"I needed a better way to keep track of individuals' labor hours," says Overley. "We researched for six months to find the right software that would eliminate paper time sheets."
Last year, he found what he was looking for: an electronic data collection system that cost $30,000.
Overley wasn't unaccustomed to making big purchases. Last year, Landtech also bought a $50,000 mower for the maintenance department. Two years ago, the company spent $60,000 on an estimating, accounting and project management platform to bring all those integrated operations under one umbrella.
The results have been terrific, Overley claims. "The data collection system not only tracks the hours worked but the location of the employee during those working hours," he says.
The software, he adds, has eliminated three days of inputting manual data entry during each pay period. It has also increased productivity for each job, "because every employee can now clock in from an app on their phone," he says.
Overley points out that now he knows in real time how many employee hours are invested in a project, which allows him to react immediately before the job goes over budget and make better allocation decisions in real time. That $30,000 software also bolstered security and accuracy in the company, Overley claims.
"Each employee has an individual pin associated with their phone number, so no one can clock in for someone else," he says.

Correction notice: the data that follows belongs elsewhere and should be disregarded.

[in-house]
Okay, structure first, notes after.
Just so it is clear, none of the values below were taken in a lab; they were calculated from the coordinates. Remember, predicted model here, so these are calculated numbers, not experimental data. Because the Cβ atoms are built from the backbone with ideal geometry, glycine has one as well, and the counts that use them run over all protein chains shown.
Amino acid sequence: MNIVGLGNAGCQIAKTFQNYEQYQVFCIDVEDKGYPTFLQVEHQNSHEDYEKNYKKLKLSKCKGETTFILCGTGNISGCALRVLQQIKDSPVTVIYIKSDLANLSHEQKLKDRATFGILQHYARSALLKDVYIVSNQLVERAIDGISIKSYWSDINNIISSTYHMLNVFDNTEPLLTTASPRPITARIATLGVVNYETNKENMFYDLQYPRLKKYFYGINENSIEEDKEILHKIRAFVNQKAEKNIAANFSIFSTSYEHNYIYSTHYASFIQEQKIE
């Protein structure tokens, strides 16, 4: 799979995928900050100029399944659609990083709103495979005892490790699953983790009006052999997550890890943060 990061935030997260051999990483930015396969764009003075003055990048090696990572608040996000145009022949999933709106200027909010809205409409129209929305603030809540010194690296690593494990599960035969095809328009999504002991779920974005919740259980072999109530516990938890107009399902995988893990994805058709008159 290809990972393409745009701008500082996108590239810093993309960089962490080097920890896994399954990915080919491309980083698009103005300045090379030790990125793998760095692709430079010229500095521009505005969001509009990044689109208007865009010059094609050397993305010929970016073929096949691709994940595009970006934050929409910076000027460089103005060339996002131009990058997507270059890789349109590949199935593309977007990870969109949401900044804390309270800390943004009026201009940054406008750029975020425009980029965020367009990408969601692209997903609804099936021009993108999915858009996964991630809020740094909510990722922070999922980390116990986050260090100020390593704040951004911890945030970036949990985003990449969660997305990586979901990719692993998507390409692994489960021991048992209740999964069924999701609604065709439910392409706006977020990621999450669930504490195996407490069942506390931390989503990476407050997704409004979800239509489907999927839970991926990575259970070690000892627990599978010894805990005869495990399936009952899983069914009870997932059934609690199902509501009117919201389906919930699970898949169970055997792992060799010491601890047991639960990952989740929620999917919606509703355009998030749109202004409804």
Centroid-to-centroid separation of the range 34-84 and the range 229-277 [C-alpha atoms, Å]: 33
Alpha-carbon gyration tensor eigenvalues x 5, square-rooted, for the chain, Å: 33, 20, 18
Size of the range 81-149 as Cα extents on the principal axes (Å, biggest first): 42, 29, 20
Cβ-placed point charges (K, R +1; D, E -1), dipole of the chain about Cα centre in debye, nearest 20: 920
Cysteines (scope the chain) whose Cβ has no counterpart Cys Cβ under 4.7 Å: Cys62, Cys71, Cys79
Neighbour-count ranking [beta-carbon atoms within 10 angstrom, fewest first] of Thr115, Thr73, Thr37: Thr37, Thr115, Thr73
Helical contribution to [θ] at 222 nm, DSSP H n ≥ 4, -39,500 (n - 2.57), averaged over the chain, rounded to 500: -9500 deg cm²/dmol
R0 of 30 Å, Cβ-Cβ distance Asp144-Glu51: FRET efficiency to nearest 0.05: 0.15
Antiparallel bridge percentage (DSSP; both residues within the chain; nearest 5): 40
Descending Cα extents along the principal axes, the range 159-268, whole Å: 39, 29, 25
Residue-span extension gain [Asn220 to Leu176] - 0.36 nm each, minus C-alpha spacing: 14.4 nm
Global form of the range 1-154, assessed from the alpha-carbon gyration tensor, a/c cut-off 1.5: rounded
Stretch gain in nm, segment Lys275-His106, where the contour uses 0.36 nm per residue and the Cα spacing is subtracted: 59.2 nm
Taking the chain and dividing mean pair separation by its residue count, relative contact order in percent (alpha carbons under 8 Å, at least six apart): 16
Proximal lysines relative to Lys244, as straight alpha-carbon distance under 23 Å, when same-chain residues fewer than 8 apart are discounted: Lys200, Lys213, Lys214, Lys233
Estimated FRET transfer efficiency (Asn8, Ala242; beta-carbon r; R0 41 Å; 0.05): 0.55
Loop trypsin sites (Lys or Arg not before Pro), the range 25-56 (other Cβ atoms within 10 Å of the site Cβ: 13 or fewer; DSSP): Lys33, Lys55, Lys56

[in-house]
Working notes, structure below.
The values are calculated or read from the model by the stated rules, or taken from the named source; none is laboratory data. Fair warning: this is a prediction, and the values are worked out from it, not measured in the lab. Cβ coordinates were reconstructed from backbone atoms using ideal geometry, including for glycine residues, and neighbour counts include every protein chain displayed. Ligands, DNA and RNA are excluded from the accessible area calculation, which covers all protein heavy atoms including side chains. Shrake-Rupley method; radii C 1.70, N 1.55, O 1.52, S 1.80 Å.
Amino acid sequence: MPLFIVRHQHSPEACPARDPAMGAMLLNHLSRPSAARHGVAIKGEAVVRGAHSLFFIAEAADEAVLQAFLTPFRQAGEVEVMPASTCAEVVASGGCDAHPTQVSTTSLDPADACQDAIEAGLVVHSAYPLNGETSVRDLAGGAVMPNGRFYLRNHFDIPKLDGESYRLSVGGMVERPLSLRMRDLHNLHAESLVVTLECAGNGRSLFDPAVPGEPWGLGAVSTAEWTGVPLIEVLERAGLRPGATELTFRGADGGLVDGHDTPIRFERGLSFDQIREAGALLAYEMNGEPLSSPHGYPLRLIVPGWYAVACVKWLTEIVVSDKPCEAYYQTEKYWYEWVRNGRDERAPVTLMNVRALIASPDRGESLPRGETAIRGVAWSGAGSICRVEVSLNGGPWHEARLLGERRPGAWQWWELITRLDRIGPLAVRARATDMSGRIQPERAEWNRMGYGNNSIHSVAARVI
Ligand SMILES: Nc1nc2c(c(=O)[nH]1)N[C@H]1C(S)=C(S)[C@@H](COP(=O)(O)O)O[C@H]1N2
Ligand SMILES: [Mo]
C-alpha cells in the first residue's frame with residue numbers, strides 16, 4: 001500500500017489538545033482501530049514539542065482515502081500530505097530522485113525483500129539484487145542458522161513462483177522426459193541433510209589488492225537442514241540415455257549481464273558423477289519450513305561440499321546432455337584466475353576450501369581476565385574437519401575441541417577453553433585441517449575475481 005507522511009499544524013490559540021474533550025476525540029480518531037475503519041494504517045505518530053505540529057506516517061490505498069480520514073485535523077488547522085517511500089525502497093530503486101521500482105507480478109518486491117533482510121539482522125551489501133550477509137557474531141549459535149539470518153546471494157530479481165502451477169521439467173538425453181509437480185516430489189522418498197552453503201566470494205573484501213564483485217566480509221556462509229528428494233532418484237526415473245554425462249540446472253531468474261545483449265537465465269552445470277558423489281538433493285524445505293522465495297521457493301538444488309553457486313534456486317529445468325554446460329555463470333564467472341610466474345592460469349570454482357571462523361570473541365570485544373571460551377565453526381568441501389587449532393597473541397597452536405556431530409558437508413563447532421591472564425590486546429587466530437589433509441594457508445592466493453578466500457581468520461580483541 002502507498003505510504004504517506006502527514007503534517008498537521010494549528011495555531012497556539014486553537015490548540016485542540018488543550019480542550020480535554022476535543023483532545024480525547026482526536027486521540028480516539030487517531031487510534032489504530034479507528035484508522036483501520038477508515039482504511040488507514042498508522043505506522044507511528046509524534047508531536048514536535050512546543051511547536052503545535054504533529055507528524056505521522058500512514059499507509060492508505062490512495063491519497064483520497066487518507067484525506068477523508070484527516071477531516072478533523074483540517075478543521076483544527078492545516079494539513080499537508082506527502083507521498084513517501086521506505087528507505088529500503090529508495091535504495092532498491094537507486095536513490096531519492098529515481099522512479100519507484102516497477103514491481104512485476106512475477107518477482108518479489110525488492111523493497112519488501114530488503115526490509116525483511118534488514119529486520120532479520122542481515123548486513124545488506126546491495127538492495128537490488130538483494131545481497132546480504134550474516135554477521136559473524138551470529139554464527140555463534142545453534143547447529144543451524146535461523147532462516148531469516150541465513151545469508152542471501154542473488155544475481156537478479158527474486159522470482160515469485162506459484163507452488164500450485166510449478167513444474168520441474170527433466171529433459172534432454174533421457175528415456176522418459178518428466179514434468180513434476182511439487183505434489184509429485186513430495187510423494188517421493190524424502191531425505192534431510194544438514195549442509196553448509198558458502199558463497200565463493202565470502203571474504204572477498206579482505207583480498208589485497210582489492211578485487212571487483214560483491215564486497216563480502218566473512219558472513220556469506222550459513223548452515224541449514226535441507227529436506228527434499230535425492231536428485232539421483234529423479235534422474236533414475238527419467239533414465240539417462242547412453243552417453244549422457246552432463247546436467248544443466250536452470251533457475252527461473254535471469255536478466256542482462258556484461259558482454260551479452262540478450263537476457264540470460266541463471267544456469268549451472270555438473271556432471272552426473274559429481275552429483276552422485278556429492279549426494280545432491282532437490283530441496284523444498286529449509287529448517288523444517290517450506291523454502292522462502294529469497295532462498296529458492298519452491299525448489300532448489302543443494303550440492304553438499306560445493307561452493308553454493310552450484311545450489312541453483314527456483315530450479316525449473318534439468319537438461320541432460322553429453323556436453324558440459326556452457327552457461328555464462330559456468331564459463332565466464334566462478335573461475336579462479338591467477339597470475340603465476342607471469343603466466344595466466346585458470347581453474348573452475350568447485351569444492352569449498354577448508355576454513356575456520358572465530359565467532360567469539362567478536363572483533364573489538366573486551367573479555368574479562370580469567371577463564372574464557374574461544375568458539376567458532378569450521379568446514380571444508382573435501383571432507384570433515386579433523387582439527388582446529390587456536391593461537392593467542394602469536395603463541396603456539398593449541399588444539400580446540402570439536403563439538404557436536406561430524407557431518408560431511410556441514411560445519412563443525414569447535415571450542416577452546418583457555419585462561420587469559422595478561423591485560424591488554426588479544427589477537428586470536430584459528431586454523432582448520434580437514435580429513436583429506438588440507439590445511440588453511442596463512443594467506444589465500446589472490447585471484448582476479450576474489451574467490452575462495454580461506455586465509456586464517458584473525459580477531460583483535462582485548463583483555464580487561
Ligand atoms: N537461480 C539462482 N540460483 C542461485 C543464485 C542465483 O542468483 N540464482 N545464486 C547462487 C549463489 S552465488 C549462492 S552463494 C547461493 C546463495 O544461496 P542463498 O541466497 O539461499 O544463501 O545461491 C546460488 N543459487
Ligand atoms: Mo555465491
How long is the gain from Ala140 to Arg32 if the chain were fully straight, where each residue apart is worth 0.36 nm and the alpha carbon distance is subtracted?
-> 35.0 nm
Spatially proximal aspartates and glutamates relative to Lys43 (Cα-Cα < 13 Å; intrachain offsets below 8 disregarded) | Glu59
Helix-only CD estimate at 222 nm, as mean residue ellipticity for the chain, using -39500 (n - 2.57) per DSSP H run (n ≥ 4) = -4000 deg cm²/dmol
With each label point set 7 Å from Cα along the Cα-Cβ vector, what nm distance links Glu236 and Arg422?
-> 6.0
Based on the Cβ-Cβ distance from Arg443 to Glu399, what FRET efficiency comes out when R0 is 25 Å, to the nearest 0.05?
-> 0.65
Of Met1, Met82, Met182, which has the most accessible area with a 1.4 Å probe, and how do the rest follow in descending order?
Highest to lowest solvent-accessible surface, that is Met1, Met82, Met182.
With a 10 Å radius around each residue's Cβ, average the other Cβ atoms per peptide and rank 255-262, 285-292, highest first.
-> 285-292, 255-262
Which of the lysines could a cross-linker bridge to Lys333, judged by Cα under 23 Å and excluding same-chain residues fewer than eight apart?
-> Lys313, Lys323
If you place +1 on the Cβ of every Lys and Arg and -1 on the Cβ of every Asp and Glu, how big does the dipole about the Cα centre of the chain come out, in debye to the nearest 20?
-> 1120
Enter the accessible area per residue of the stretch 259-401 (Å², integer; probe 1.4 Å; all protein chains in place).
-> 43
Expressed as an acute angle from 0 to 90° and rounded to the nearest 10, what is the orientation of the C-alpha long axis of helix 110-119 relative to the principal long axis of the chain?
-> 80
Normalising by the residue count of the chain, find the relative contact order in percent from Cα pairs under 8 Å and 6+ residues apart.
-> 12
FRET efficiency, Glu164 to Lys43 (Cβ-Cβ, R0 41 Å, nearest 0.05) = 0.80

Maybe your subcontractor needs to make the big purchase.
You're often as strong as the team around you, and it may be that your company can grow bigger without spending a dime.
Andy Stauffer, owner of Stauffer and Sons Construction, a custom home builder in Colorado Springs, Colorado, hasn't had to make a big purchase lately, but he has advised subcontractors to buy expensive equipment. Doing so helped his subcontractors as well as his own business.
"Our concrete foundation subcontractor had been in the foundation business for 20-plus years and was doing everything old-school with snapping chalk lines," Stauffer says.
A few years ago, Stauffer told him, "We're getting quotes from guys who are cheaper than you. We want to keep using you, but they've got better equipment and you're lagging behind."
The subcontractor bought a piece of laser equipment for $45,000, allowing him to do his job faster and better, Stauffer claims.
"He had to finance it over two years, and it was a huge cost for his business, but he needed to buy it in order to stay in business, and he's so glad he did," Stauffer says.
Stauffer also helped a former employee who decided to strike out on his own to create a timber framing business in 2003. He became a subcontractor for Stauffer, and together, they bid on a home, contingent on the subcontractor buying a $15,000 portable sawmill.
They won the project, and, in the last 13 years, Stauffer has sent the former staff member over $200,000 in business—"all because of his initial purchase of the sawmill," Stauffer says, adding that the purchase helped his company as well. "We couldn't have landed those jobs without it."